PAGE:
Moshe Dayan, the military hero and statesman who died here Friday, was Israel's architect of war and peace, generating a charisma that at one time made him easily the nation's most popular leader.
Mr. Dayan served in various Cabinets as minister of defense, foreign affairs, and agriculture. His charisma stemmed primarily from his victories in war. He masterminded the 1956 capture of the Sinai Peninsula and later Israel's crushing victory over the Arabs in the 1967 six-day war.
Blamed, however, for the heavy casualties and errors made in the October 1973 war, in which Egypt and Syrian armies caught Israel completely off guard, Dayan's popularity dimmed.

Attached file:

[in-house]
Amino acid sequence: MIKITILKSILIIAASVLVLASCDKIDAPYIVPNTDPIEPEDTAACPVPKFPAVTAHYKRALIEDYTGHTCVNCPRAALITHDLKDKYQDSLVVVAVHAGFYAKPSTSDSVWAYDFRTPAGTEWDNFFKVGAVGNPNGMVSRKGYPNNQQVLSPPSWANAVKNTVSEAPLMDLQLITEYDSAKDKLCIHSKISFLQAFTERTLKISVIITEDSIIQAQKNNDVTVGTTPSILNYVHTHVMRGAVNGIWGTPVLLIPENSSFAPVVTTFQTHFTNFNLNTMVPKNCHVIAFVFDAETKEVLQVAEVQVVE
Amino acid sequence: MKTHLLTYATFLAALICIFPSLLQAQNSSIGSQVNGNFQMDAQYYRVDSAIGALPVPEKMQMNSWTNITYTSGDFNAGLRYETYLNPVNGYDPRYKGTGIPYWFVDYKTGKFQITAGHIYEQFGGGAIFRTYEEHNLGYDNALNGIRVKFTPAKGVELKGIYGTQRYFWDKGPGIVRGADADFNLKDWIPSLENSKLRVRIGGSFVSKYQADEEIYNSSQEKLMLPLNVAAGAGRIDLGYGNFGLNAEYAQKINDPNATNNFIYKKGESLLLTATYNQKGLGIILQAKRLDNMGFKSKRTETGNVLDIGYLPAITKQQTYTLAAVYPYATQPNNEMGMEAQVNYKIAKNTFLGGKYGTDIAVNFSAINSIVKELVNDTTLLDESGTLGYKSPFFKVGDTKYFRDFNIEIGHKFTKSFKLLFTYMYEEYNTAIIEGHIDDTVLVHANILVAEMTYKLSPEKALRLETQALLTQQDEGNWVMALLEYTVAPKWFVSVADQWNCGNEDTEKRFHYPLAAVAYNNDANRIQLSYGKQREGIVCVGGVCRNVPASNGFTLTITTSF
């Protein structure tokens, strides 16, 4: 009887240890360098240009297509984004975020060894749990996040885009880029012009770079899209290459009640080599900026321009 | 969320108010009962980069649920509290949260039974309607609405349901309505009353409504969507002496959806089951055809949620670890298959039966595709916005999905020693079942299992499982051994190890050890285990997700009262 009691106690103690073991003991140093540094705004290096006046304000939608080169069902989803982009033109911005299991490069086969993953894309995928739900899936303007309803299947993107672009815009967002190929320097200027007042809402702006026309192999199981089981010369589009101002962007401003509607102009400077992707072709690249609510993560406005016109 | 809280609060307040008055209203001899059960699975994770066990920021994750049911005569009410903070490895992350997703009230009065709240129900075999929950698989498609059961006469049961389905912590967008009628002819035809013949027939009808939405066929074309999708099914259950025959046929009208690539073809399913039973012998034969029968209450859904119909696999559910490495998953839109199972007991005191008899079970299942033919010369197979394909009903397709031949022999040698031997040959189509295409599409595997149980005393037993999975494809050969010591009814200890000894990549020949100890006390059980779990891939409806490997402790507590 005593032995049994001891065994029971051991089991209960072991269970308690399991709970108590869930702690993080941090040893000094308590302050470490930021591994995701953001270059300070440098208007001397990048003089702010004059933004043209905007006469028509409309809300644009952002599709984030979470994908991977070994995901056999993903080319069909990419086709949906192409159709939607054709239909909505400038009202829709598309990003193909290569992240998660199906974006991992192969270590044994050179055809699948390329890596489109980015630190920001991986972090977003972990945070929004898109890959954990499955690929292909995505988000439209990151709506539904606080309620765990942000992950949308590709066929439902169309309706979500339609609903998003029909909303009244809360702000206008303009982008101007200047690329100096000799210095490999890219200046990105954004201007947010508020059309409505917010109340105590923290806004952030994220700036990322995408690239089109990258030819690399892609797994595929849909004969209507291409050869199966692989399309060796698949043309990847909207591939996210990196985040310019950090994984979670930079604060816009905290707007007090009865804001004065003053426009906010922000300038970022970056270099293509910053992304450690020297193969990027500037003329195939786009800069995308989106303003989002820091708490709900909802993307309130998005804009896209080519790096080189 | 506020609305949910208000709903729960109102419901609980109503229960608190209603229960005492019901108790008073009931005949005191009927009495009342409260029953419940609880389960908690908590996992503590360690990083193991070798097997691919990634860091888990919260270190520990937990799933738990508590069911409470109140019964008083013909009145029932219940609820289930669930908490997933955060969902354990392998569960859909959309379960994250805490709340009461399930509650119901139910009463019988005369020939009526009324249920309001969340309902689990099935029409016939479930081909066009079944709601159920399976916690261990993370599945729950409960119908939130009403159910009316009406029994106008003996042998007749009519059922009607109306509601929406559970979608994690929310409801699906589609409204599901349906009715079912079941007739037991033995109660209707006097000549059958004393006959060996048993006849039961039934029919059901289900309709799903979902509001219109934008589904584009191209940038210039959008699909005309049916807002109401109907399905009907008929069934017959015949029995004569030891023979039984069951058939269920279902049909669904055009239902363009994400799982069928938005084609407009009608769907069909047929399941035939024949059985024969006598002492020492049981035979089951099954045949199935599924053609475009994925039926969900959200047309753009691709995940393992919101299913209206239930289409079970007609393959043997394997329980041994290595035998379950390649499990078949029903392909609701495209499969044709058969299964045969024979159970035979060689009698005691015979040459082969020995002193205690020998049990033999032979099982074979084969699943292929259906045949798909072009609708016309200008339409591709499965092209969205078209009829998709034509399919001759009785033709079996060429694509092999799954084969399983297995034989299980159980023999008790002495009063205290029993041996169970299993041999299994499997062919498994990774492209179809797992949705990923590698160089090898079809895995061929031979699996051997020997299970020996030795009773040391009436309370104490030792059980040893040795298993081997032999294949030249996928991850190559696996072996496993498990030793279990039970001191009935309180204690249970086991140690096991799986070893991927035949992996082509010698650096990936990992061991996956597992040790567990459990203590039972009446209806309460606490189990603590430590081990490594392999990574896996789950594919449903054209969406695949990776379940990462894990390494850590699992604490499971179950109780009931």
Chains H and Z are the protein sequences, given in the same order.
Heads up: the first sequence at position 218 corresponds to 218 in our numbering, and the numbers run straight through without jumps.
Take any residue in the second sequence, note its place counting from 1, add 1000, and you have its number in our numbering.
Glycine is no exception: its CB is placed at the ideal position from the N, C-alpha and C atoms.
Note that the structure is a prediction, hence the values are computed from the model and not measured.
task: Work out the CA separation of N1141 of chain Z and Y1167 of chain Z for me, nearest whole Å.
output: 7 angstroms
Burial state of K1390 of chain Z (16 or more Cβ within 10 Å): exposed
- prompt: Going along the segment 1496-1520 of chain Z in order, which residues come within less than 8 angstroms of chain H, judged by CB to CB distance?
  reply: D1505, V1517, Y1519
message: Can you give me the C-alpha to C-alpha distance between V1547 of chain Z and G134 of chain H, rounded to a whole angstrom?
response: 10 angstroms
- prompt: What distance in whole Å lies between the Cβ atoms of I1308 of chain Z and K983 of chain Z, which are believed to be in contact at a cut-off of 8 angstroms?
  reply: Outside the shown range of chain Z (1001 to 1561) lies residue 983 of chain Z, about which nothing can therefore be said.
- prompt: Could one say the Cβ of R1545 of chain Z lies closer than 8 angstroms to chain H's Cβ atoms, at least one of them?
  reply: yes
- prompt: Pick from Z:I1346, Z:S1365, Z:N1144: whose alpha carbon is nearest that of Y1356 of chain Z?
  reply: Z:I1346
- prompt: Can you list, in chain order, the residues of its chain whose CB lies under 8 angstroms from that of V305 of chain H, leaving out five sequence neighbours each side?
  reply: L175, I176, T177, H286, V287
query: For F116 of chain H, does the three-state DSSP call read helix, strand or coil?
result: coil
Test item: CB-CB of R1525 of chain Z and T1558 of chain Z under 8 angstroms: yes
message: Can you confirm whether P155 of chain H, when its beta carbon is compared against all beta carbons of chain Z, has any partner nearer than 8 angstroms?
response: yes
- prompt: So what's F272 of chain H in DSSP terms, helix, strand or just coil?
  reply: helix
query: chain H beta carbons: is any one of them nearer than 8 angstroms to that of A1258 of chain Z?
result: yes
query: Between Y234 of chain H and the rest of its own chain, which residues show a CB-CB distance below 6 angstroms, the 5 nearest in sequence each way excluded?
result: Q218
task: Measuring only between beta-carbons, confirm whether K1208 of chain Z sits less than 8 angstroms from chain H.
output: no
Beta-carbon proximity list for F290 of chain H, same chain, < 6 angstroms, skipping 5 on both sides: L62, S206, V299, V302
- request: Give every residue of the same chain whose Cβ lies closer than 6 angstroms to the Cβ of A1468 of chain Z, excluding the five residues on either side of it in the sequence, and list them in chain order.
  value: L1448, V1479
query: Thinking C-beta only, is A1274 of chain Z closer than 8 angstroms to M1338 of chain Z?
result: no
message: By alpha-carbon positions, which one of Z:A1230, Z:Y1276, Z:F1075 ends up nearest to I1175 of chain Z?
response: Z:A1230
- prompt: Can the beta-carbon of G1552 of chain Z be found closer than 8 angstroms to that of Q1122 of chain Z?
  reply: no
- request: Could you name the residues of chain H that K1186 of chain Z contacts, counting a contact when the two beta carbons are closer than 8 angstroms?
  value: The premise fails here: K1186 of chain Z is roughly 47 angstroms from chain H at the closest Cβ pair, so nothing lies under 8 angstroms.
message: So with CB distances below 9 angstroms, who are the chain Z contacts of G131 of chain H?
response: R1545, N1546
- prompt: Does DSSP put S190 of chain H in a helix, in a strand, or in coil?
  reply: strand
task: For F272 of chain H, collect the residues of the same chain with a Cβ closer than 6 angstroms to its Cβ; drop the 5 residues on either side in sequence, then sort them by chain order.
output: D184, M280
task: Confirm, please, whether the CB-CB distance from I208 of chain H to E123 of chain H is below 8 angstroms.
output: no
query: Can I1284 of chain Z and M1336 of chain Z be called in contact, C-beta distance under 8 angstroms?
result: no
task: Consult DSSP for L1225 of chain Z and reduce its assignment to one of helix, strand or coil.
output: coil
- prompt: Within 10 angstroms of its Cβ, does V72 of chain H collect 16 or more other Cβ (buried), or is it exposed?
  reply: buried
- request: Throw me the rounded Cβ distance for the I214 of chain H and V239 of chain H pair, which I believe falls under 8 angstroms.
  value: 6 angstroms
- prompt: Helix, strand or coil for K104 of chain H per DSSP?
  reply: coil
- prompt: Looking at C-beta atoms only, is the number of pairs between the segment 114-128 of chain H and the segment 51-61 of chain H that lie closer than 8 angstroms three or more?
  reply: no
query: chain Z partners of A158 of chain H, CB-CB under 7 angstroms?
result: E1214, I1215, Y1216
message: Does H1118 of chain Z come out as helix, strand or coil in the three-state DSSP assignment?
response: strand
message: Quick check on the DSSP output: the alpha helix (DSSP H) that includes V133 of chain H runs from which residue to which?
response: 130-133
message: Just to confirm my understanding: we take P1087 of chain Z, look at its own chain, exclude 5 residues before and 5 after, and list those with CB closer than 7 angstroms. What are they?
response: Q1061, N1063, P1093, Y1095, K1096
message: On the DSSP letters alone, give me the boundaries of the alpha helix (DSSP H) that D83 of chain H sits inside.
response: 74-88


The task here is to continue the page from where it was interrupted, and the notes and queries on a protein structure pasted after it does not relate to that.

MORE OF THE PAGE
Nevertheless, many Israelis continued to admire his original political ideas, and Prime Minister Menachem Begin named him foreign minister after the upset victory in 1977 of the right-wing Likud over the Labor party to which Dayan had belonged for decades. Dayan was criticized for his party switch, but he maintained that his single aim was to gain an Israeli-Arab peace no matter which political grouping achieved it.
He was a primary architect in achieving the Camp David peace agreement with Egypt, but he resigned from the Begin Cabinet in 1979, describing Mr. Begin's stance on Palestinian autonomy as too hard-line.
Since then he had called repeatedly for unilateral Israeli moves to bring Palestinians into the negotiation. But he was unable to wield enough political weight to gain backing of his ideas in last June's elections, when his new political party secured only two seats in the Knesset.